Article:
Monday, November 3, 2008

Readings: Mirabeau

"All the possessions consisted of scattered and secret securities, a few warehouses, and passive and active debts, whose true owners are to some extent unknown, since no one knows which of them are paid and which of them are owing. No wealth which is immaterial or kept in people's pockets can ever be got hold of by the sovereign power, and consequently will yield it nothing at all. This is a truth which should be constantly repeated to the governments of those agricultural nations which take such pains to school themselves to become merchants, i.e. to plunder themselves. The wealthy merchant, trader, banker, etc., will always be a member of a republic. In whatever place he may live, he will always enoy the immunity which is inherent in the scattered and unknown character of his property, all one can see of which is the place where business in it is transacted. It would be useless for the authorities to try to force him to fulfill the duties of a subject: they are obliged, in order to induce him to fit in with their plans, to treat him as a master, and to make it worth his while to contribute voluntarily to the public revenue."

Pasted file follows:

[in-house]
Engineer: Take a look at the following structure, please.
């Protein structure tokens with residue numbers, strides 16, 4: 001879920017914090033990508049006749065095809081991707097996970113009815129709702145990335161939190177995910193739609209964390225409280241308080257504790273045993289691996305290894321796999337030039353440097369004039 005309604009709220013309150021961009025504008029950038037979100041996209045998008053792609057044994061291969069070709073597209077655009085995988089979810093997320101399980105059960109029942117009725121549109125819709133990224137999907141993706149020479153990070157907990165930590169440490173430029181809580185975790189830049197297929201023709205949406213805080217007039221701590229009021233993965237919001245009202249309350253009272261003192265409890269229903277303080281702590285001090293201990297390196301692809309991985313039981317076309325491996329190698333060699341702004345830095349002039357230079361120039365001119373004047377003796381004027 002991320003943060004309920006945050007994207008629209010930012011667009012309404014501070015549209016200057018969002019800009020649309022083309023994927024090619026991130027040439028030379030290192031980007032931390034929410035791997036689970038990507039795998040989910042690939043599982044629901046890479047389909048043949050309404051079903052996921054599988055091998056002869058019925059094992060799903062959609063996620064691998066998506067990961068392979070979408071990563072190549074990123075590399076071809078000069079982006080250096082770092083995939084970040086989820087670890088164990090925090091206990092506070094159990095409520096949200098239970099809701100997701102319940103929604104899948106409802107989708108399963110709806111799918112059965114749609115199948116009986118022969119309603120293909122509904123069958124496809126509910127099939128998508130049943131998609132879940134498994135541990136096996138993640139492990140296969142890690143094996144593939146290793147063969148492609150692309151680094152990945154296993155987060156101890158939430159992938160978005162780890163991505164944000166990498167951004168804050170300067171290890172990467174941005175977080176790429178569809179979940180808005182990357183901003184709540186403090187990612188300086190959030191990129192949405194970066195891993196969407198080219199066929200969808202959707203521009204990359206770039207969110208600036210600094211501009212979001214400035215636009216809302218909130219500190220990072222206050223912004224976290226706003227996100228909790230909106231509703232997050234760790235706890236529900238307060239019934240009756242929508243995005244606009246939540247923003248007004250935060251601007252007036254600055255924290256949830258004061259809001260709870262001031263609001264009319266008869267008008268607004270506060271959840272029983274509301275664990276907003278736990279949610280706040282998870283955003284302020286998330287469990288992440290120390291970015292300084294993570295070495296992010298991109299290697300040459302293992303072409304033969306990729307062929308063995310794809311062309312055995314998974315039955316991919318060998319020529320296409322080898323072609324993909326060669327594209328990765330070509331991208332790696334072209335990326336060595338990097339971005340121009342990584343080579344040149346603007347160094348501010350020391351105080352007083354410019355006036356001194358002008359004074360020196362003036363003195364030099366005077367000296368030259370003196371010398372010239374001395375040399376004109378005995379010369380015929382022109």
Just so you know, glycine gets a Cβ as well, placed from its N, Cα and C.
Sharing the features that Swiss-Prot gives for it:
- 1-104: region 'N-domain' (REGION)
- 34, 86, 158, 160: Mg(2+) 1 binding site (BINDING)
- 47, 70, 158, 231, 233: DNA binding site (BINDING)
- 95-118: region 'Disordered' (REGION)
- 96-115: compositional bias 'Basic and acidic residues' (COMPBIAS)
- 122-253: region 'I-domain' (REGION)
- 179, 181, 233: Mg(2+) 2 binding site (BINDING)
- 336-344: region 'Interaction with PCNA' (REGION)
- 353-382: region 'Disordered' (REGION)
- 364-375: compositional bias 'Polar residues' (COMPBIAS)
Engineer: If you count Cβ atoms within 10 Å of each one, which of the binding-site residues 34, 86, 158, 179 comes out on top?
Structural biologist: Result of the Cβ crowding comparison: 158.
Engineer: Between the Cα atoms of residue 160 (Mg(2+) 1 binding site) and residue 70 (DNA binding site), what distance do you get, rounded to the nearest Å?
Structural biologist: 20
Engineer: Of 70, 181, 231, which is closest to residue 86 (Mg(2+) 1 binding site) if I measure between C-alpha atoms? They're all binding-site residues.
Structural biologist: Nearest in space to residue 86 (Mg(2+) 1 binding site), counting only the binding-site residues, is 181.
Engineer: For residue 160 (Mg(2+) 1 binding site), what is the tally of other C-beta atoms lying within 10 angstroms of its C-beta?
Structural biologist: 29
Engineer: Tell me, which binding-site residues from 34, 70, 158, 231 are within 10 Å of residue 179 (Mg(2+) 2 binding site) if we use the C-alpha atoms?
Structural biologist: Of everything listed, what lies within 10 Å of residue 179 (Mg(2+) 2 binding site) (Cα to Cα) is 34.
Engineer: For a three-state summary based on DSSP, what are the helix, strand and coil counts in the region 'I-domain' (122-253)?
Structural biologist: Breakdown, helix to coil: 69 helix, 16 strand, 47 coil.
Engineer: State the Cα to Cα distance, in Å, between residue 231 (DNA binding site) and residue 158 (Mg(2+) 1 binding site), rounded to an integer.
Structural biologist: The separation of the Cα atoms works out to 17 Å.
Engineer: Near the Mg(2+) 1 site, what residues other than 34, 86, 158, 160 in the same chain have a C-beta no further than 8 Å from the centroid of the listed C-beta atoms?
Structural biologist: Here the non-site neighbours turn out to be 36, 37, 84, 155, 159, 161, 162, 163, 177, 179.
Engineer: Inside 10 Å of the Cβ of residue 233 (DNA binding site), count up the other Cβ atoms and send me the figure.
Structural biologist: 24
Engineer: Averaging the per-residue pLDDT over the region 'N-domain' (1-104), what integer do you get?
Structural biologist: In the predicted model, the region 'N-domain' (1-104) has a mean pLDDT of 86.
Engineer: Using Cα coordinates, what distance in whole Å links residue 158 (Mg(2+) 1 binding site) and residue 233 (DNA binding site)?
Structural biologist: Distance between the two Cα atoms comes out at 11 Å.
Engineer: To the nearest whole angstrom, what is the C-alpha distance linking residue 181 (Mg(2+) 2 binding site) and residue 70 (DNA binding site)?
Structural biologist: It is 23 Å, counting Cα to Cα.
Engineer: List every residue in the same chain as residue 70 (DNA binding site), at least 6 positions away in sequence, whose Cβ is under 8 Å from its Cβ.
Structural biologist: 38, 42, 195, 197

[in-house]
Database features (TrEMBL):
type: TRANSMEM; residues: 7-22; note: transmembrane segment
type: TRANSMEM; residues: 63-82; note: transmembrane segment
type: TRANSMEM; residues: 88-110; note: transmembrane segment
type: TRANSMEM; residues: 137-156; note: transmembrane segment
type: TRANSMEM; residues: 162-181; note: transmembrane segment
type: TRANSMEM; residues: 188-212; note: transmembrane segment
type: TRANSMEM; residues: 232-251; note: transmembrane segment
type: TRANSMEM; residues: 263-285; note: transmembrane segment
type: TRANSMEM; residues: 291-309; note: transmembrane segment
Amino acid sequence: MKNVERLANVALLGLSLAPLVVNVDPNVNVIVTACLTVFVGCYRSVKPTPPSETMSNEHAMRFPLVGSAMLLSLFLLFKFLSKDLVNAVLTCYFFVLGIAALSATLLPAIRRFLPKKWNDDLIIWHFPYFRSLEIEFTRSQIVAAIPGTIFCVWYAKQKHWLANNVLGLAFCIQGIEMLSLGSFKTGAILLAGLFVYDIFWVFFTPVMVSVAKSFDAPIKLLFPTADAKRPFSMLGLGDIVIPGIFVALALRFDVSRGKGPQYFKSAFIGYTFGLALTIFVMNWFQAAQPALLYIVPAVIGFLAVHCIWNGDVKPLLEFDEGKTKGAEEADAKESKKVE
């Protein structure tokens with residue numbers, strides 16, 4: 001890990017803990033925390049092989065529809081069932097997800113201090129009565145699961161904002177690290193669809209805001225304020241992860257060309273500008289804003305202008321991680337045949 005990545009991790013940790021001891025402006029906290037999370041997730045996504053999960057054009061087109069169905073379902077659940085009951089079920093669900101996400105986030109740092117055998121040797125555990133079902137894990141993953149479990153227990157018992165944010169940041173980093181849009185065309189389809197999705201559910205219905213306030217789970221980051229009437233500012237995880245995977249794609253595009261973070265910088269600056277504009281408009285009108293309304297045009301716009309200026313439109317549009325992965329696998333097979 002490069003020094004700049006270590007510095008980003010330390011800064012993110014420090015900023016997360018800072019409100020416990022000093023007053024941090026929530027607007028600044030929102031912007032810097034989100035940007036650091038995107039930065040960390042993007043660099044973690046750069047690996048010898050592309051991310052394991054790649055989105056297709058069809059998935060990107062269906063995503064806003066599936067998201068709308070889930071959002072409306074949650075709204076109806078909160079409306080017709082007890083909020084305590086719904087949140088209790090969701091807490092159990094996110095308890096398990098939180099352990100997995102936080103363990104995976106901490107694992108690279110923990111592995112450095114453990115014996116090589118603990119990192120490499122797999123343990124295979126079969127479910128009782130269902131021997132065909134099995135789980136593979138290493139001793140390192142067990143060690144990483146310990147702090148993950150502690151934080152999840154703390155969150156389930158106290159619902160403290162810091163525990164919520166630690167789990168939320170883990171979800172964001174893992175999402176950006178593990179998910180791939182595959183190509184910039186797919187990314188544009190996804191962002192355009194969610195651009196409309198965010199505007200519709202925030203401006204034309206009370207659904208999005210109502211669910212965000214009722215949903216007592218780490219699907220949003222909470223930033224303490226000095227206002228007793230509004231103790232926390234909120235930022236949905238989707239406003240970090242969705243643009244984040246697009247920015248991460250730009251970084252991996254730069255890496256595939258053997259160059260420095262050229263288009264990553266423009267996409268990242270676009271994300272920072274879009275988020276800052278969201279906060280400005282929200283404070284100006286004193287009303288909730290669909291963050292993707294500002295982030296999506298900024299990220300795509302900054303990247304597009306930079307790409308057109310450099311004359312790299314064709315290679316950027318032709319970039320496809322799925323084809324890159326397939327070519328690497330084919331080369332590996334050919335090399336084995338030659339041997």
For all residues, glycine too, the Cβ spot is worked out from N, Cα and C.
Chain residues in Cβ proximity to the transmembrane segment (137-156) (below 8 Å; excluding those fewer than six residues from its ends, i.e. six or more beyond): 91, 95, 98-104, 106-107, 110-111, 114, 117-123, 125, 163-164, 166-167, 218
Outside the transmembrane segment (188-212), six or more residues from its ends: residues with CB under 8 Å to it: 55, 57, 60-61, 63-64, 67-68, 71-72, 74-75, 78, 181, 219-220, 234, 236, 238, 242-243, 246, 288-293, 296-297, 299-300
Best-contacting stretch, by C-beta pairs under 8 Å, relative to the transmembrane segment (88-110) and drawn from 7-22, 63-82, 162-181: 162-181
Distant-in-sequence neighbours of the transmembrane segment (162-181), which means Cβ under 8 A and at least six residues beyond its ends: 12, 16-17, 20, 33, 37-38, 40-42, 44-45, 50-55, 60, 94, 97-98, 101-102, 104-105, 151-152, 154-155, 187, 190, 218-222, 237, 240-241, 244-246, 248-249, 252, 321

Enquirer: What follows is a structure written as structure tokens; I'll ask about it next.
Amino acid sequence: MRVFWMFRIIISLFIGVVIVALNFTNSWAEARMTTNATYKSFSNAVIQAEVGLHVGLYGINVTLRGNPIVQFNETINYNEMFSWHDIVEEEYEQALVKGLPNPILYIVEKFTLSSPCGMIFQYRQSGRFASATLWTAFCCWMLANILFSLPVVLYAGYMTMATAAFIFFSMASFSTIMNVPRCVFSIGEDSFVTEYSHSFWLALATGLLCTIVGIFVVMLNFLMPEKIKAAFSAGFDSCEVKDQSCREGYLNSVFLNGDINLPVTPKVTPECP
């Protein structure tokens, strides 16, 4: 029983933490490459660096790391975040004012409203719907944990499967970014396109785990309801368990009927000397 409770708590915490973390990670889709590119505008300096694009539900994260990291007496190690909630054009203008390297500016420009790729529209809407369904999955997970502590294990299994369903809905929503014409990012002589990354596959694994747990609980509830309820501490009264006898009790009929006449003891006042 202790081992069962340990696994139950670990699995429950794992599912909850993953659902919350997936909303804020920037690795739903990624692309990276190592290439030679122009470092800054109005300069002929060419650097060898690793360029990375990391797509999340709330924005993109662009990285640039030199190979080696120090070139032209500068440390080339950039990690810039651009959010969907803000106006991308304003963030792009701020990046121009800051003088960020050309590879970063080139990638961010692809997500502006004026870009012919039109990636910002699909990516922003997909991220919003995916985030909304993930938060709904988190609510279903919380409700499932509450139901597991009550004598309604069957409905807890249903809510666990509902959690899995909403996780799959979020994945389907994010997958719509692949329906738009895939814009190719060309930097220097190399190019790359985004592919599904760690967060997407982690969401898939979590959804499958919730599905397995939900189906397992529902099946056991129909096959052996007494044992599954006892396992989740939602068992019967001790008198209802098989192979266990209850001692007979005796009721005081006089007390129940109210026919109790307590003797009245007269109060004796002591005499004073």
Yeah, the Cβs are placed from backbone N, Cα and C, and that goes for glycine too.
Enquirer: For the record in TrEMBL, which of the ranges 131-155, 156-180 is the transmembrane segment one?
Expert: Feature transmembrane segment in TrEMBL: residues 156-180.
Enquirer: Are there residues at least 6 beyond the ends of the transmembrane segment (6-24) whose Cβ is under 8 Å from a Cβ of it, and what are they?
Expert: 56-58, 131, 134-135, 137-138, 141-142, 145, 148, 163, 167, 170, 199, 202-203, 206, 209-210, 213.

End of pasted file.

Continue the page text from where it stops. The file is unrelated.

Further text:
Victor Riqueti, marquis de Mirabeau, Philosophie rurale (1763)

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